Lately I have all sorts of methods to cast on my knitting projects on my mind. Some I have already shared with you, think for example of the folded hem, the two-color cast-on, the picot cast-on, the provisional crochet cast-on and of course the Latvian twist. In this post I want to show you how to knit an i-cord cast-on.
I-cord is usually knit over 3 to 5 stitches. In this example I’m going to make an i-cord cast-on based on 3 stitches. In short the instruction would be as follows:
I-cord CO: Cast-on 4 sts. k4, sl 4 sts just worked back to the LH needle, * kfb in next st, k3, sl 4 sts just worked back to the LH needle; rep from * until the desired number of sts has been achieved, plus 3 sts. Next: (k2tog) twice, sl 2 st back to LH needle, k2tog.
Knitting the i-cord cast-on step by step
1. Cast on 4 stitches, in this example I used the knitting-on method.
2. Knit 4 stitches
3. Slip the 4 newly knitted stitches back to the left hand needle one by one.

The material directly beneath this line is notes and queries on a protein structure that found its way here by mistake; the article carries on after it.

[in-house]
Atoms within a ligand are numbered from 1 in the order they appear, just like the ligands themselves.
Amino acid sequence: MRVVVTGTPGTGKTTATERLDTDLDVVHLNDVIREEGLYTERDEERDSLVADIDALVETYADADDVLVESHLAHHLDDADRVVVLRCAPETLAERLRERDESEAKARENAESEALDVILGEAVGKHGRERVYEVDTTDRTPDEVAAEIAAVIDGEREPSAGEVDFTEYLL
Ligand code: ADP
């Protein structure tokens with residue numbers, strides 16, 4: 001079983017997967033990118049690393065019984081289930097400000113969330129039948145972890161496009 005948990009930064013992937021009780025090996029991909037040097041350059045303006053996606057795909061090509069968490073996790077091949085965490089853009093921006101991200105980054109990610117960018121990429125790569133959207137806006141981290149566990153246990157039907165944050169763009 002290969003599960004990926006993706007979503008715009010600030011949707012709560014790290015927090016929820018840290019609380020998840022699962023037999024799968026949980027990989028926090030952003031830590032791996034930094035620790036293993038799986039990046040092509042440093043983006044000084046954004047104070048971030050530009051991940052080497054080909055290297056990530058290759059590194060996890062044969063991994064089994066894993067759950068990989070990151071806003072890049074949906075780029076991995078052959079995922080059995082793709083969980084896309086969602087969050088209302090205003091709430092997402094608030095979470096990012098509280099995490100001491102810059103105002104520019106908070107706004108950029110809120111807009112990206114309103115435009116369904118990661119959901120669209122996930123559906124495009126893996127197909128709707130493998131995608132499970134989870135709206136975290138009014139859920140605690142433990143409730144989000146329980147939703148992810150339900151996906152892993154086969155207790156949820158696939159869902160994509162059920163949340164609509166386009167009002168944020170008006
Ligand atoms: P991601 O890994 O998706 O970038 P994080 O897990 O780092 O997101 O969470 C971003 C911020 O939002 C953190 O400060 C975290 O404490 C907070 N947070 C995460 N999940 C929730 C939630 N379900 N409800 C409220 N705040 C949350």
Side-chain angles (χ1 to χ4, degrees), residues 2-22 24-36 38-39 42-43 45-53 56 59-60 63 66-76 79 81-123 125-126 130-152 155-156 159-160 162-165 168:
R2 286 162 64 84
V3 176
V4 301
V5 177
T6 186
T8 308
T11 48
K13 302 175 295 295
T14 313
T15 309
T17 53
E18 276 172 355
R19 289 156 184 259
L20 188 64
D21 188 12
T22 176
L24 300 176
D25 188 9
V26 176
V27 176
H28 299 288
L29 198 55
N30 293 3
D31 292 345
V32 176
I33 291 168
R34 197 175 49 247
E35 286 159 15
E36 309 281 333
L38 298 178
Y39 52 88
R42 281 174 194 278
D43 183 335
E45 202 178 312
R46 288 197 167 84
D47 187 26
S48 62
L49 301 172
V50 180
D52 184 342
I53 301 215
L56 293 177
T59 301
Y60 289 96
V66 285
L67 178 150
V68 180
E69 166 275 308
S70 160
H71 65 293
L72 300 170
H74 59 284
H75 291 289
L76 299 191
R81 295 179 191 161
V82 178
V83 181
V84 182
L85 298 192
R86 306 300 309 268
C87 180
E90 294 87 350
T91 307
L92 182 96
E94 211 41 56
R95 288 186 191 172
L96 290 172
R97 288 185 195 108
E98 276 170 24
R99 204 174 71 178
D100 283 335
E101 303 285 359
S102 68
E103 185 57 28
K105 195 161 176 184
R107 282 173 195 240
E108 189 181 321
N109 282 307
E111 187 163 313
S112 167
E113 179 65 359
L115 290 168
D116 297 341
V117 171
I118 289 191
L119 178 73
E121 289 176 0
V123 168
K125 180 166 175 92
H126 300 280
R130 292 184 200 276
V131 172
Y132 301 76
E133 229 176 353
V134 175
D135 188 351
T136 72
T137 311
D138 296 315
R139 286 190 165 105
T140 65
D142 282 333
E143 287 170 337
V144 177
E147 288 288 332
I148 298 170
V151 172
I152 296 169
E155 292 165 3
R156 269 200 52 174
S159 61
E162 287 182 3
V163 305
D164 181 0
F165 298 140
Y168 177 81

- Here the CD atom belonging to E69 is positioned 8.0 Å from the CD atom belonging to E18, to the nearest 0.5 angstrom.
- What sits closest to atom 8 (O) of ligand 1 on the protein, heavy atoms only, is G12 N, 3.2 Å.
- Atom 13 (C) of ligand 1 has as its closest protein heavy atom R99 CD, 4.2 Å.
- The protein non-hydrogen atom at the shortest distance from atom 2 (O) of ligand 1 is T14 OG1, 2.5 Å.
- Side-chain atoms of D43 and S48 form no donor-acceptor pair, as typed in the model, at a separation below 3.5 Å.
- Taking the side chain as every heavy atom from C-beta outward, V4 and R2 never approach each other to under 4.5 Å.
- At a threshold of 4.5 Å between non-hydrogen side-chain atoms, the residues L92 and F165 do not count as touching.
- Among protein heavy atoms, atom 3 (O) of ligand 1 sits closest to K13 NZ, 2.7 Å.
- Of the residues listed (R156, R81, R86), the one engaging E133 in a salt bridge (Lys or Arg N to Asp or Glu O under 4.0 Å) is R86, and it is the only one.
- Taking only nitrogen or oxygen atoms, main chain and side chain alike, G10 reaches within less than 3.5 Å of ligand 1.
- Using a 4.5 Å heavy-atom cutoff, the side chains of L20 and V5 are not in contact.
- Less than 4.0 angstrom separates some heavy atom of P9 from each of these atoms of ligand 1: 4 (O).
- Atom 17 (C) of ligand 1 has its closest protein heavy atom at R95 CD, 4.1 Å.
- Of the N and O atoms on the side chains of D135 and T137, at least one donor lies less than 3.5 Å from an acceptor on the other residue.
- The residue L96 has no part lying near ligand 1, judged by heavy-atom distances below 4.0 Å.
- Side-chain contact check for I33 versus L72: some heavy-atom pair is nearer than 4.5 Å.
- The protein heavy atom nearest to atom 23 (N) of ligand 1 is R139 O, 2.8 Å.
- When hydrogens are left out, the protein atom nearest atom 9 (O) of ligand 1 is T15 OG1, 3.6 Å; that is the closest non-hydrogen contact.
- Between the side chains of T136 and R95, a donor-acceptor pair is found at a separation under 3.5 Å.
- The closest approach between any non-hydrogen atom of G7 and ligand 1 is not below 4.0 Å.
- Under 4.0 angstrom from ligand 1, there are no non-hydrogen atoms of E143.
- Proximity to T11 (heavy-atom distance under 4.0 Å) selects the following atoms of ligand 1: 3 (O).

4. Knit the next stitch in front loop and then in the back loop before sliding the off the stitch juste worked. Tighten your yarn a bit.
5. Knit 3 stitches.
6. Slip 4 stitches back to the left hand needle one by one.
7. Repeat steps 4 to 6 until you have the desired number of stitches plus 3.
8. Knit 2 stitches together, twice.
9. Slip 2 stitches back to the left needle.
10. Knit these 2 stitches together.
Now your cast-on is ready and you can start the rest of your project!
This is how it looks at the front and back of the piece:
For a less “rounded” corner, you can also choose to omit steps 8 to 10. In the last repeat of step 6, slip only 3 stitches back to the left hand needle and bind these off.
To use this cast-on method for a project knitted in the round, you can also choose to omit steps 8 to 10. In the last repeat of step 6, slip only 3 stitches back to the left hand needle instead of 4 stitches and place those on a bit of waste yarn. Afterwards you can then graft these stitches together with the starting stitches for a seamless connection of the i-cord edge.
This cast-on method also has a matching bind-off!